ENTERTAINMENT

Art seized from Chun family to be auctioned next month

By Lee Woo-young

A total of 235 works of art will be shown to the public for the first time at K Auction and Seoul Auction

  • Published : Nov 27, 2013 - 19:33
  • Updated : Nov 27, 2013 - 19:33

“24-VIII-65 South East” by Kim Whanki. (K Auction)
The art collection confiscated from the family of former President Chun Doo-hwan will be put on the auction block in December at two major auction houses in Korea.

K Auction and Seoul Auction, designated as the official auction houses by the Korean government to sell the seized artworks, will present a total of 235 pieces at their regular winter auctions next month.

The artworks are estimated to be worth more than 3.7 billion won ($3 million) and include masterpieces of Korean art ― from old landscape paintings by the master painters of the late Joseon period to early modern works by Kim Whanki and Lee Dae-won.

Prosecutors seized a total of 600 artworks, estimated to be worth more than 5 billion won, according to auction officials. The two auction houses are assigned around 300 pieces of artwork each to sell.

The amount collected through the auctions will be used to pay the fine imposed on former President Chun, who was sentenced to 17 years in prison and fined 262.8 billion won on a number of charges including rebellion in 1997. The Chun family, reluctant to pay the fine, has been under pressure to settle the fine as the Park Geun-hye government investigated the family intensely this year. In September the Chun family announced that it would pay up by selling their real estate, financial assets and art collection in September.

K Auction will be the first auction house to present 80 artworks from the collection on Dec. 11, followed by an online auction on Dec. 13-17. Highlights include major modern and contemporary paintings by Kim Whanki, Lee Dae-won, Kim Jong-hak, Oh Chi-gyun and the calligraphy of former Presidents Chun Doo-hwan and Kim Dae-jung.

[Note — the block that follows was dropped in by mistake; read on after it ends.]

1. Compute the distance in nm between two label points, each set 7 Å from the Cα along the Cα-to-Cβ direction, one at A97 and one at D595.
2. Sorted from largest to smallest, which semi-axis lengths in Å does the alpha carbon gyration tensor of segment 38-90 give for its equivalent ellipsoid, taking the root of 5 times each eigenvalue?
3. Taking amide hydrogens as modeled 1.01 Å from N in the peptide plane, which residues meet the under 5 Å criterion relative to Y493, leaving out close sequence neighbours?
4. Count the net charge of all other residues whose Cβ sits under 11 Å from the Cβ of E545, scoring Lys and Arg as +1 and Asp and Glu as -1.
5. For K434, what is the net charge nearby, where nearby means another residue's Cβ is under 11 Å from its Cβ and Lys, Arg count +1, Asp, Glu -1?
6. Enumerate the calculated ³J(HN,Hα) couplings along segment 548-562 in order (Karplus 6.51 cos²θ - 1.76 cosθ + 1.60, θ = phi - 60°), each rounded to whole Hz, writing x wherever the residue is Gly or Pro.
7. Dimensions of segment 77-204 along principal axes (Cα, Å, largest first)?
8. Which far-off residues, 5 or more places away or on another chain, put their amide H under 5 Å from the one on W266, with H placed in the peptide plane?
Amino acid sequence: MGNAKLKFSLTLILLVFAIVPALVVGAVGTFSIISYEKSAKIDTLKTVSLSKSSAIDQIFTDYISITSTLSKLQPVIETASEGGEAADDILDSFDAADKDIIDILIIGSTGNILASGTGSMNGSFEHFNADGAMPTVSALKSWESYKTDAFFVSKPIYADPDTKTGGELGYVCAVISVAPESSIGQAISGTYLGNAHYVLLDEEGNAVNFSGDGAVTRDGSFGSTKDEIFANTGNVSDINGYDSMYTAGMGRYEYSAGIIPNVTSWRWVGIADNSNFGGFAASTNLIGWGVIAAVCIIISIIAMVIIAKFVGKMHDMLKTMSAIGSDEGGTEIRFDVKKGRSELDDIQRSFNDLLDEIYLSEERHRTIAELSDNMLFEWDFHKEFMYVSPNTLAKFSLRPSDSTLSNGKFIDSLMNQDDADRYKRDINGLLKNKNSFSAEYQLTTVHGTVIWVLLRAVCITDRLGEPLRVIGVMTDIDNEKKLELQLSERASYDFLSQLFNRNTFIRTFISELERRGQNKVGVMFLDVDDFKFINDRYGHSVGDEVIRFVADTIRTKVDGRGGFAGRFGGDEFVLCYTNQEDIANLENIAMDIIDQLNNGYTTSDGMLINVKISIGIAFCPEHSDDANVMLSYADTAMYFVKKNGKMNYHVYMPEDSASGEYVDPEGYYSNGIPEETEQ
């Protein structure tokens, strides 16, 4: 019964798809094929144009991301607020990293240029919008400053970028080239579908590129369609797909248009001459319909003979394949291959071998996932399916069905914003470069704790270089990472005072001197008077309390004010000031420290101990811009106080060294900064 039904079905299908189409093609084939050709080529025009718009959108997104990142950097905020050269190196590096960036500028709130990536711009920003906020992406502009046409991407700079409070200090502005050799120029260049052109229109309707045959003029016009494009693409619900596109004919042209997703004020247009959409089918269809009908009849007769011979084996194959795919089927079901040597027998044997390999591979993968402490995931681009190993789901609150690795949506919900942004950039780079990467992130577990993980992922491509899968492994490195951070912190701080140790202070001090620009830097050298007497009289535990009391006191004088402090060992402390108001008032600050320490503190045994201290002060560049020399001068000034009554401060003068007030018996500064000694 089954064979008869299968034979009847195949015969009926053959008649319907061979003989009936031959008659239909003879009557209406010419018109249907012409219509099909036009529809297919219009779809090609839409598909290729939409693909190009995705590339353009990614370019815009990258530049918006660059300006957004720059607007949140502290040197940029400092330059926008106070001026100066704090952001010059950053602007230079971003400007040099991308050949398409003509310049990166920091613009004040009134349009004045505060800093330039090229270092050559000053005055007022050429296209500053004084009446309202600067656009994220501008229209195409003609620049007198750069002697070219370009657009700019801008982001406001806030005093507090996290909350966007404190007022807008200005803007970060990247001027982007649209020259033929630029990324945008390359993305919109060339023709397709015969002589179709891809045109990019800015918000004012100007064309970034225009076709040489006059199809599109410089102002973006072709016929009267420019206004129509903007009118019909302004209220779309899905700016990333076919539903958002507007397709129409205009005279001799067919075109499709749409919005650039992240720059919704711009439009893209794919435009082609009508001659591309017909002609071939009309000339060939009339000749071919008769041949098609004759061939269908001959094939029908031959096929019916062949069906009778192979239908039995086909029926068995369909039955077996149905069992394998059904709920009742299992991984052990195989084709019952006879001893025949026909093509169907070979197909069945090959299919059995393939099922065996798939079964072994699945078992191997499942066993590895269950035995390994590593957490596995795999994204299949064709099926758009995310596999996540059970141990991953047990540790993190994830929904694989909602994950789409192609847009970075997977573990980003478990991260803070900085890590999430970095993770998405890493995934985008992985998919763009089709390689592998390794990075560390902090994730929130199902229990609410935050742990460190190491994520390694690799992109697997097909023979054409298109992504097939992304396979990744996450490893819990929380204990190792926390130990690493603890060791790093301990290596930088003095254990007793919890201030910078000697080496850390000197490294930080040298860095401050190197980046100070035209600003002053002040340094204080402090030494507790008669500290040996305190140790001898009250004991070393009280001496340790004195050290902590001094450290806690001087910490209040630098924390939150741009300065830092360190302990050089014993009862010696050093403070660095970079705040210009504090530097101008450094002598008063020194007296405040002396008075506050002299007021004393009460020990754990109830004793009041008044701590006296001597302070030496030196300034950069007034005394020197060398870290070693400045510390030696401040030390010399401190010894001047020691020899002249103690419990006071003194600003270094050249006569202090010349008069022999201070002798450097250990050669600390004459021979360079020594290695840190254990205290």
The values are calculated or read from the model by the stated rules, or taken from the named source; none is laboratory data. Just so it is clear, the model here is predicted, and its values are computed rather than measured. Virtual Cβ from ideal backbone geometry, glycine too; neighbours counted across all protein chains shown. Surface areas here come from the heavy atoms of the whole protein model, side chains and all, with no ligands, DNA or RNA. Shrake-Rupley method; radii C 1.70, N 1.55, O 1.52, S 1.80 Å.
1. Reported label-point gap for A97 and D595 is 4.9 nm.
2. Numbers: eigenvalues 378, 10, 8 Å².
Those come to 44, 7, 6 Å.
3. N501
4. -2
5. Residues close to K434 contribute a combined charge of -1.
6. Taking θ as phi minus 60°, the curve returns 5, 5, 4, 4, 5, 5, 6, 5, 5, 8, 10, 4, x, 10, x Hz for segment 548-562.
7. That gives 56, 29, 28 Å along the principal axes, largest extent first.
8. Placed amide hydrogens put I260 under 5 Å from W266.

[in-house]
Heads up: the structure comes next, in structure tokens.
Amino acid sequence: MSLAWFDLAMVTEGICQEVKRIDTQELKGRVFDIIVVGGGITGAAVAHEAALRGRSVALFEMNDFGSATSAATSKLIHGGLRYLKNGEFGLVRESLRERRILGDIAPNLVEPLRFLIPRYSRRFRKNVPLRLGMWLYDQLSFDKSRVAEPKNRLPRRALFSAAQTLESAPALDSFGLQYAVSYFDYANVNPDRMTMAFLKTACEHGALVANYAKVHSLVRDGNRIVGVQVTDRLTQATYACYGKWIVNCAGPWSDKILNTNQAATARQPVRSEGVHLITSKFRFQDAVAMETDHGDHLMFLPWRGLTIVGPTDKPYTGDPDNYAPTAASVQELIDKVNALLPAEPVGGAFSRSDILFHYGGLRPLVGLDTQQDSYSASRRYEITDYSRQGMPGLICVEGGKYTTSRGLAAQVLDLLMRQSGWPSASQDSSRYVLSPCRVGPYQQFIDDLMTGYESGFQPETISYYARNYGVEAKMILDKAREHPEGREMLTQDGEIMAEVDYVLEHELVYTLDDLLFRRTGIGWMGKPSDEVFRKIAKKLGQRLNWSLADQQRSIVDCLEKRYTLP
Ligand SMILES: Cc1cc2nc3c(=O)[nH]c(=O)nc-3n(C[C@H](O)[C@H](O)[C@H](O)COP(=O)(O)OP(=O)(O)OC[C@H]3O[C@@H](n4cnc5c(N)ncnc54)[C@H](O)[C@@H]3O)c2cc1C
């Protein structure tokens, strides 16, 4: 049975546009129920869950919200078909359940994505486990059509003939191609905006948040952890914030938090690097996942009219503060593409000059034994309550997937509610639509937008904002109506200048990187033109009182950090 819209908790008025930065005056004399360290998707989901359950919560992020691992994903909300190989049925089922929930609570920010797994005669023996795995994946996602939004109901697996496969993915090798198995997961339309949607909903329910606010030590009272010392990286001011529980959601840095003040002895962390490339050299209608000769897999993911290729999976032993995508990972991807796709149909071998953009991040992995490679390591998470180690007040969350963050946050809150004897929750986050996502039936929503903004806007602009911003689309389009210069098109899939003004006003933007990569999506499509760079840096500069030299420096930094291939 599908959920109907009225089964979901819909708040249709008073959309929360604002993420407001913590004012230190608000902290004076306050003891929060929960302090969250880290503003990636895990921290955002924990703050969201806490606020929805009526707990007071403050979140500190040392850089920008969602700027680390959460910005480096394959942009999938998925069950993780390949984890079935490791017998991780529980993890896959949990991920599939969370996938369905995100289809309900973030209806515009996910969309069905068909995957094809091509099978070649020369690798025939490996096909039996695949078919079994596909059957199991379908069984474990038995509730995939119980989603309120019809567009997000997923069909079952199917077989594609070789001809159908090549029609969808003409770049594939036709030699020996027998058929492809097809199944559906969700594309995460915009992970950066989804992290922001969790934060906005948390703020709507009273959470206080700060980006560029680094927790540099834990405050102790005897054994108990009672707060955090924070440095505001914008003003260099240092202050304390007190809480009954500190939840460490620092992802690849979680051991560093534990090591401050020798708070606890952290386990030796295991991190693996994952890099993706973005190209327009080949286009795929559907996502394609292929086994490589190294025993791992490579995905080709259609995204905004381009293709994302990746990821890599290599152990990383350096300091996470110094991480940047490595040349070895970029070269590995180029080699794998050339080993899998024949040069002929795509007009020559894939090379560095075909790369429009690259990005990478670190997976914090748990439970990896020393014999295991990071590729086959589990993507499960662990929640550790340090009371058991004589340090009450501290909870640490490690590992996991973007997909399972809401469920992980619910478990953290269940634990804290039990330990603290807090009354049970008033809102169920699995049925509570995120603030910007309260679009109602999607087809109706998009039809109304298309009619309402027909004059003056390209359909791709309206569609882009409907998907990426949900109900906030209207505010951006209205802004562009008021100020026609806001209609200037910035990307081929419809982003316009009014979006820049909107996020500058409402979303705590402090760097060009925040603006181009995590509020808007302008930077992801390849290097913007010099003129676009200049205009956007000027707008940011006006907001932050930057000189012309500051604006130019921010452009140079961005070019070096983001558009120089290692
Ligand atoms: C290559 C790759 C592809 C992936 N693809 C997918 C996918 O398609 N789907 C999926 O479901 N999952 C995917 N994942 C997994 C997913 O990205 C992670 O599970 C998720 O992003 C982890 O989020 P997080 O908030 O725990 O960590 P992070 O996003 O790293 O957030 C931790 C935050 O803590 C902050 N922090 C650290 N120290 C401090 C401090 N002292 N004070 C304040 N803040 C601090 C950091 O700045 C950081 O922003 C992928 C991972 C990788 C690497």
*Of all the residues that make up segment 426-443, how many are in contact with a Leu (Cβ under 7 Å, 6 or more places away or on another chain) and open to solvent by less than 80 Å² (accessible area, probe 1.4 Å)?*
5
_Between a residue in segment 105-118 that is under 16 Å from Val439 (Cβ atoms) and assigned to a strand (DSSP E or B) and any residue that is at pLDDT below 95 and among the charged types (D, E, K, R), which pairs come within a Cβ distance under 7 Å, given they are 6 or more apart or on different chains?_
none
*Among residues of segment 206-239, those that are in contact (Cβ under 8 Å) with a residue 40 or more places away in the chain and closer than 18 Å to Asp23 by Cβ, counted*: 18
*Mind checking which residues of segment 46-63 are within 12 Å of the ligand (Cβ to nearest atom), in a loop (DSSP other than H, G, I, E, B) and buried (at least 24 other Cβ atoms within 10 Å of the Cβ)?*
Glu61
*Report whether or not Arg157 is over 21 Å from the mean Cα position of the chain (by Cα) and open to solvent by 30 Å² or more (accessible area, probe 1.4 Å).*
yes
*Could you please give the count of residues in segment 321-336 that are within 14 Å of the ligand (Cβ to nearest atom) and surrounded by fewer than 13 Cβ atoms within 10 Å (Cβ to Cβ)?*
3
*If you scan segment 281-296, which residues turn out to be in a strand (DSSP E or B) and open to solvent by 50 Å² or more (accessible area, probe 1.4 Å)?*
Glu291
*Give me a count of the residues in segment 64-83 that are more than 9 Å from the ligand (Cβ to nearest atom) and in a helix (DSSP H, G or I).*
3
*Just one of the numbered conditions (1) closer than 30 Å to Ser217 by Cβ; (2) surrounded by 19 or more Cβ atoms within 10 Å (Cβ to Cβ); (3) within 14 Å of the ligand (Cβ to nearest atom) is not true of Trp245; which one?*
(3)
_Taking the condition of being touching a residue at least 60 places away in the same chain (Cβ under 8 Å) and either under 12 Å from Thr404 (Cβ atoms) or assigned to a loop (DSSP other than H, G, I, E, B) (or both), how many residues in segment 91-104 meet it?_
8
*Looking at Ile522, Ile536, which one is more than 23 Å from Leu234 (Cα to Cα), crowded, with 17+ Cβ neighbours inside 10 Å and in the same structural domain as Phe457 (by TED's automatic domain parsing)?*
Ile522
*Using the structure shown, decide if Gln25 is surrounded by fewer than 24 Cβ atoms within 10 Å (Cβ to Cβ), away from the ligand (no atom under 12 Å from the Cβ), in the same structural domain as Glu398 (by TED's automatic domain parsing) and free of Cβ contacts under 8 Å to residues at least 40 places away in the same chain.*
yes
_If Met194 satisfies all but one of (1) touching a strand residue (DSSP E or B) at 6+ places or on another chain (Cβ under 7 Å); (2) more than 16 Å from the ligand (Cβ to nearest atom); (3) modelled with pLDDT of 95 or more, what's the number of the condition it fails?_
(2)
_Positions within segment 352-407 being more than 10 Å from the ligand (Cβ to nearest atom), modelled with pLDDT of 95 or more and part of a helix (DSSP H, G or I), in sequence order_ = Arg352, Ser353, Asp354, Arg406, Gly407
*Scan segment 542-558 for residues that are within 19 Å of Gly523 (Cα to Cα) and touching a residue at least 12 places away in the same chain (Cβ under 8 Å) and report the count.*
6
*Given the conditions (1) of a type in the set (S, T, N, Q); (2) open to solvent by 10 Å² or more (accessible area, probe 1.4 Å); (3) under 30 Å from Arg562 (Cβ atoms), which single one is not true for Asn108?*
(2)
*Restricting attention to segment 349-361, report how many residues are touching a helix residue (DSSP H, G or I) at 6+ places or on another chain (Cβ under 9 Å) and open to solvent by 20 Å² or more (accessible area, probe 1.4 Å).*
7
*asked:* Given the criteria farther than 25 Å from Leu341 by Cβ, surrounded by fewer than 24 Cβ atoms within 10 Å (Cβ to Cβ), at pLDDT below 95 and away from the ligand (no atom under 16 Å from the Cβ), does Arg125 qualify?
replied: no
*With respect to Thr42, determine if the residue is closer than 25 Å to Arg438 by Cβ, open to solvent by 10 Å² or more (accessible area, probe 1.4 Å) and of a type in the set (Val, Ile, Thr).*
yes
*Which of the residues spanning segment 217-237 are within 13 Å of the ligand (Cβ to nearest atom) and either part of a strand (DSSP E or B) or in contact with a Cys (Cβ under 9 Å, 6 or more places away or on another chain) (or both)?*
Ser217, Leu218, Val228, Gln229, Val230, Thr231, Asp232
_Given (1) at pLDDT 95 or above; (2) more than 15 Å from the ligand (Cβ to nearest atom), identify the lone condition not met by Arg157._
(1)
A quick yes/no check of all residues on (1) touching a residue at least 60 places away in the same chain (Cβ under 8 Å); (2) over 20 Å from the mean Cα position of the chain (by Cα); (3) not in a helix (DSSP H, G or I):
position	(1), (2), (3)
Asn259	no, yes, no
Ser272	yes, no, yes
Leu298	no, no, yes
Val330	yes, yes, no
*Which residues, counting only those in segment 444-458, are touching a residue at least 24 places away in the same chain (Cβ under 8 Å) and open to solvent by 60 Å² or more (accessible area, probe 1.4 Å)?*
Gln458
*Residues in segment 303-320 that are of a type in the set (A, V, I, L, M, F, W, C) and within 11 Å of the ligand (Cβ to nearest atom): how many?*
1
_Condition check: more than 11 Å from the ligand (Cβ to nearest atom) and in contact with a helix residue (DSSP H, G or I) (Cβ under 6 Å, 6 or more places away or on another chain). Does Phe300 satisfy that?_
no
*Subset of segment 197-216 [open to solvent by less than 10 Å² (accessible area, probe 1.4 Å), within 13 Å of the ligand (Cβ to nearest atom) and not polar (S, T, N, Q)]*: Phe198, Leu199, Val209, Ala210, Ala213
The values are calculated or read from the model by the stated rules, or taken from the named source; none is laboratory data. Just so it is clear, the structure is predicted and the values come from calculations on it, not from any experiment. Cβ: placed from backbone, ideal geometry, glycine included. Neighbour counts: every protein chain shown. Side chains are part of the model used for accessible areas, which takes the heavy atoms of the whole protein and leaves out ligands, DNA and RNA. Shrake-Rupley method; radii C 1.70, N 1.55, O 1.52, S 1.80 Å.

A 1965 abstract painting by Kim Whanki is estimated to be worth between 450 million won and 800 million won, according to K Auction.

“The Chun collection is diverse in genres and artists. It includes representative works in Korean art, works of mid-career artists, sculptures and calligraphy of former Presidents,” said Lee Sang-kyu, CEO of K Auction, at a press conference on Wednesday.

K Auction titled the collection “Chun Jae-kook Art Collection” after the former president’s eldest son, an avid collector who claimed to have planned to establish a museum.

Lee noted the price of the artworks are set at half or one-third the initial price the Chun family spent acquiring them.

“Gyesangahoedo,” by Gyeom Jae Jeong Seon. (Seoul Auction)
Seoul Auction is scheduled to present its Chun collection a week later, on Dec. 18.

The auction house is presenting old landscape paintings by the nine late-Joseon master painters, including Jeong Seon, Kang Se-hwang and Sim Sa-jeong. The old masterpieces are estimated to be worth 500 million won to 600 million won each.

It will also present “Farm,” one of the most talked about paintings by modern painter Lee Dae-won, estimated to be worth between 300 million won and 400 million won. “Farm,” part of Lee’s flamboyant “Farm” series, is reported to never have been put on the market as the artist gave the painting as a gift to former President Chun.

Another notable part of the collection is artworks of mid-career Korean artists, who were grouped to symbolize Korea’s vibrant art scene in the book “Art Vivant,” published by Sigongsa, which is run by the eldest Chun son.

Highlights among foreign artwork include American post-modern artist David Salle’s acrylic painting, works of Italian Trans-avant-garde movement artist Mimmo Paladino, Chinese artist Zhang Xiaogang and prints by Francis Bacon.

The auction for the Chun collection will be held on Dec. 11 at K Auction in Sinsa-dong and on Dec. 18 at Seoul Auction in Pyeonchang-dong, Seoul.

The two auction houses are expected to hold a couple more auctions for the Chun collection throughout early next year.

By Lee Woo-young (wylee@heraldcorp.com)